The only real way to see all the differences these changes make is to play around with them. You can’t hurt anything by trying. By using all these settings in combination, you can pretty much get everything looking just how you want it to look, and that includes Fonts, and the Start Menu. At this point you have basically created your own custom Theme.
Themes are bundles of all the settings you have just toyed with. They may include color combinations, background images, icon sets, mouse cursors, sounds, and other changes to your interface. Microsoft offers many Themes at its Windows Store and also on a dedicated Themes Site. (You can reach the Windows Store Themes section by clicking the Get more themes link in the Settings App, in the Themes section, under Personalization.) You can read all about it on this Huge Collection of FREE Themes & Wallpapers from Microsoft page. You can also get many thousands of ready-made themes from third-party sources. DeviantArt is one such place, and last I looked they had over 44,000 Windows Themes to choose from! Another, more complicated method, is to use RSS feeds to retrieve your images from the internet. To find out more about this, read RSS Themes in Windows.
Note: Third-party sources are not always vetted properly and sometimes, not at all. Making changes to your entire interface is a somewhat drastic affair and I advise you to make backups, or at the very least, a System Restore Point, before proceeding. You never know what these third-party Theme bundles include– you may get what you ask for, and then some.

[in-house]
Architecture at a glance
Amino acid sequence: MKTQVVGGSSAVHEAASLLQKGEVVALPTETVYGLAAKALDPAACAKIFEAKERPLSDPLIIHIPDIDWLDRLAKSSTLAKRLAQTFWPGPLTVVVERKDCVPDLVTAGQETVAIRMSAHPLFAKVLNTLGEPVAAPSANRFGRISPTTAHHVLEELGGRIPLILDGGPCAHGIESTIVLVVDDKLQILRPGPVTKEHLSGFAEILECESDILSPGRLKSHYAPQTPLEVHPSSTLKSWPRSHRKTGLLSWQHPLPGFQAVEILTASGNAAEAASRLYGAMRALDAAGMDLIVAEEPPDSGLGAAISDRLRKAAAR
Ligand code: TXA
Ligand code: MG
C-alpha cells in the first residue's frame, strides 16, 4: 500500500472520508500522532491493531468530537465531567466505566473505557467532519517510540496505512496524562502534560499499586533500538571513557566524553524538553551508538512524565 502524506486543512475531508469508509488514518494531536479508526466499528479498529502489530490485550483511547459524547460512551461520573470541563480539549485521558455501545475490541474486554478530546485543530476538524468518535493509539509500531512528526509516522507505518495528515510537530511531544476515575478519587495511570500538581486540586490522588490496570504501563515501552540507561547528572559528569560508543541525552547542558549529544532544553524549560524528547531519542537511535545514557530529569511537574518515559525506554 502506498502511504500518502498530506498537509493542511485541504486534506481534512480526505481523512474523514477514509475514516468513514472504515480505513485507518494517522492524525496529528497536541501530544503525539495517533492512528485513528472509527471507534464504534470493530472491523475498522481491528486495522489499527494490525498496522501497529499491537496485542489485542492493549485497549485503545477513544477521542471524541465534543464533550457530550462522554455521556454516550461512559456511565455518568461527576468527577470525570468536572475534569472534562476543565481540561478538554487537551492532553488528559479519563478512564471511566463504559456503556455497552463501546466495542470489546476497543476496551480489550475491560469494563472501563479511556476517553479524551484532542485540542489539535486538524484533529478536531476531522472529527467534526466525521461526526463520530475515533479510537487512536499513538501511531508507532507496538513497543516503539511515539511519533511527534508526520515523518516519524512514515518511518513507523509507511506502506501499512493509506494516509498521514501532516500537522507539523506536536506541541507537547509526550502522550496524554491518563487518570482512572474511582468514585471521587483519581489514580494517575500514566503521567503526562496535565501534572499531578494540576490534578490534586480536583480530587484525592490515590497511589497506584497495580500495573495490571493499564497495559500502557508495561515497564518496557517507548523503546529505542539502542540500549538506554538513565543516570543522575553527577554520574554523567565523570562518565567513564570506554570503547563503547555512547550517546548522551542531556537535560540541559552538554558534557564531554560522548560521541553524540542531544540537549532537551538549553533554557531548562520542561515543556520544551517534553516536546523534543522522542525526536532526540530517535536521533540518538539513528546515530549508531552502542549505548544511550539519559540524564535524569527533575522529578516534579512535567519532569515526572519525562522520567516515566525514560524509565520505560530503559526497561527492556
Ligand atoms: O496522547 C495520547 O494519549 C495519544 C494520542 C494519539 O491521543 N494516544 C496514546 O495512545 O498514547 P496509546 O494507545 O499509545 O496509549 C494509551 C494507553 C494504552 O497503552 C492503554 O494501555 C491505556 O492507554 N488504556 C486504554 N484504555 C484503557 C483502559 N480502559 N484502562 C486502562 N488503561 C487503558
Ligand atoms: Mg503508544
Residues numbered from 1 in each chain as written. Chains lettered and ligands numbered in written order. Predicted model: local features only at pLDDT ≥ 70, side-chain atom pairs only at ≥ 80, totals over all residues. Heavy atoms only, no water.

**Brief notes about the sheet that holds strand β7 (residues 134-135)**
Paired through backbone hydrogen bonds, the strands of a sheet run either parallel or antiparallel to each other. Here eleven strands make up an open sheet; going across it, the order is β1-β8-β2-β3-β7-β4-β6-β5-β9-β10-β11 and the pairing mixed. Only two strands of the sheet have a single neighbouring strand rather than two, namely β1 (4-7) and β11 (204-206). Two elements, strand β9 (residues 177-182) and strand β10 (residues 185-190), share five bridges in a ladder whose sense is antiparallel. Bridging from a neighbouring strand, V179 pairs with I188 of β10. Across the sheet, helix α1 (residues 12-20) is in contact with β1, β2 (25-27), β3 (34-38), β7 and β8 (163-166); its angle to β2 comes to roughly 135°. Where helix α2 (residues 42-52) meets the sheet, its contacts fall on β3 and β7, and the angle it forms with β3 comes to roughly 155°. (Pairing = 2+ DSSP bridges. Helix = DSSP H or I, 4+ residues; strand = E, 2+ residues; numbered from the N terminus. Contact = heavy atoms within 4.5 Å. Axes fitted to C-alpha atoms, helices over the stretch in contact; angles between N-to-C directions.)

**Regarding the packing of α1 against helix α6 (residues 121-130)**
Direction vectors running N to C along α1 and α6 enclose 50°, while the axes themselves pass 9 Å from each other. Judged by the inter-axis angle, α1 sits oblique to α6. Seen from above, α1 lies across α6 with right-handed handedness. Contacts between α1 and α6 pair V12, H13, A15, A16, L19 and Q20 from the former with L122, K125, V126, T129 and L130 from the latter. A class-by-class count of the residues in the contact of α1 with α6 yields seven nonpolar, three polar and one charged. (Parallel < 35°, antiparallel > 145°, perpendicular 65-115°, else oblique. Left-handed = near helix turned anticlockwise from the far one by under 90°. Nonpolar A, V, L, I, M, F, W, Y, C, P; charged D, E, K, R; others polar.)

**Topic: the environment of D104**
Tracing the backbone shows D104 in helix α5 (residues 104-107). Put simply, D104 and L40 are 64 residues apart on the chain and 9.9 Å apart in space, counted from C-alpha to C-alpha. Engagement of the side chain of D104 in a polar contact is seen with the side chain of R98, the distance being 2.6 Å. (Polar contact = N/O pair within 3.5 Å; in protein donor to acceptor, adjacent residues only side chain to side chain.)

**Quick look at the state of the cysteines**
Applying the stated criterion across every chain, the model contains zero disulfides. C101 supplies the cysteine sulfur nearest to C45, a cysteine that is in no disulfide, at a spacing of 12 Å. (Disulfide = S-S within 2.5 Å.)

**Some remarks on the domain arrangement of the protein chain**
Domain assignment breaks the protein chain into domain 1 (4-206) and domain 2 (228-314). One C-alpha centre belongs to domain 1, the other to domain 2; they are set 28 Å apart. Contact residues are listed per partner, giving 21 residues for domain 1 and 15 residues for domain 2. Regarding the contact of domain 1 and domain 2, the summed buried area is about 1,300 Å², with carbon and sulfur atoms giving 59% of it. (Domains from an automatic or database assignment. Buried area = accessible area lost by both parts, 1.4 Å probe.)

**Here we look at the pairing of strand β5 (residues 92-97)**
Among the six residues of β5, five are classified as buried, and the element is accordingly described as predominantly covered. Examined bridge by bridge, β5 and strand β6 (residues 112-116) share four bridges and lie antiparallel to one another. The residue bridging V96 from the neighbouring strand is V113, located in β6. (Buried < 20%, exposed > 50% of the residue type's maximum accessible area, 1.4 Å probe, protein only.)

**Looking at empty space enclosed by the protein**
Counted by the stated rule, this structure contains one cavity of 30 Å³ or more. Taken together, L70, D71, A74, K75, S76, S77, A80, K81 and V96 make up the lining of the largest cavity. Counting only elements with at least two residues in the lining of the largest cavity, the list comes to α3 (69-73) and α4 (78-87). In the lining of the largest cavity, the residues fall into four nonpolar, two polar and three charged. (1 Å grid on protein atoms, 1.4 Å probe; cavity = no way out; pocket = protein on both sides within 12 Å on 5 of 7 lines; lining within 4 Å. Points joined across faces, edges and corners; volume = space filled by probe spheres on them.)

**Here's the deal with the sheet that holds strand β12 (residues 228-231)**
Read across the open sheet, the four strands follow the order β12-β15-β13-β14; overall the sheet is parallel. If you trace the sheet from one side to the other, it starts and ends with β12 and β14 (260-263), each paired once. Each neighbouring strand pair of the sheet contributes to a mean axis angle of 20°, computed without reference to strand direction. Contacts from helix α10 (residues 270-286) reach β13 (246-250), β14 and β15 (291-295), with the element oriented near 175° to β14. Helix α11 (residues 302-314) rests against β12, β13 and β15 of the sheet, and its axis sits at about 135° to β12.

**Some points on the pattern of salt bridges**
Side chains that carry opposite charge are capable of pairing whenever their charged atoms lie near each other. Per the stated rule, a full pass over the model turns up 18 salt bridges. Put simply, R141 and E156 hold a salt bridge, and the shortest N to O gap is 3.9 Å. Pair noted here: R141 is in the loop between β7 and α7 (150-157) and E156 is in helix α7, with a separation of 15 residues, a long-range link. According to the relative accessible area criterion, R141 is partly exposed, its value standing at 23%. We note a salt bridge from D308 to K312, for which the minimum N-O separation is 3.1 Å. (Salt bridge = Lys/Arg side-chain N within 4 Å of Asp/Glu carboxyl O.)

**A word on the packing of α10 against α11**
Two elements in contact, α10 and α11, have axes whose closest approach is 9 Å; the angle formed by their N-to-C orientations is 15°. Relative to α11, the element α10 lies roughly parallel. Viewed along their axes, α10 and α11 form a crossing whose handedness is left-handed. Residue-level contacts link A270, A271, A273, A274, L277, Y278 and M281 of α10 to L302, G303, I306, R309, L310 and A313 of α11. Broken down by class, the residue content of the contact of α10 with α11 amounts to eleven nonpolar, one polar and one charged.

I trust DeviantArt and that’s why it is mentioned in this article.
No discussion about Windows Themes would be complete without mentioning Rainmeter. If you are serious about taking control of your windows desktop, then Rainmeter is the way to go. Rainmeter can be imposing for the uninitiated, but if you take it slowly, and learn a little bit at a time, you can end up with some truly phenomenal desktops:
The above image shows six of literally thousands of Rainmeter skins developed by professionals and amateurs alike. Once again, this DeviantArt page will offer many choices. You can, of course, create your own spectacular desktops and submit them to be used by others. There are even contests to enter if your think you’re that good. 😉
Note: In Rainmeter parlance, the term “skin” can refer to an entire desktop design, or to a single element within that design. For example, I missed the old Gadgets from back in the Windows 7 days, so I used several skins to add these. I like a big old clock, and since I’m a nut for what’s going on in the background, I also added an Internet meter, a CPU/RAM meter, and the old standby– a current Weather display. A three-month calendar was a nice addition, too (I had to use Rainlendar to customize the calendar I wanted).
If you would like to get Rainmeter, which is free by the way, you can download it at this official Rainmeter site. Be prepared for a learning curve, but the sky’s the limit!
As always, if you have any helpful suggestions, comments or questions, please share them with us,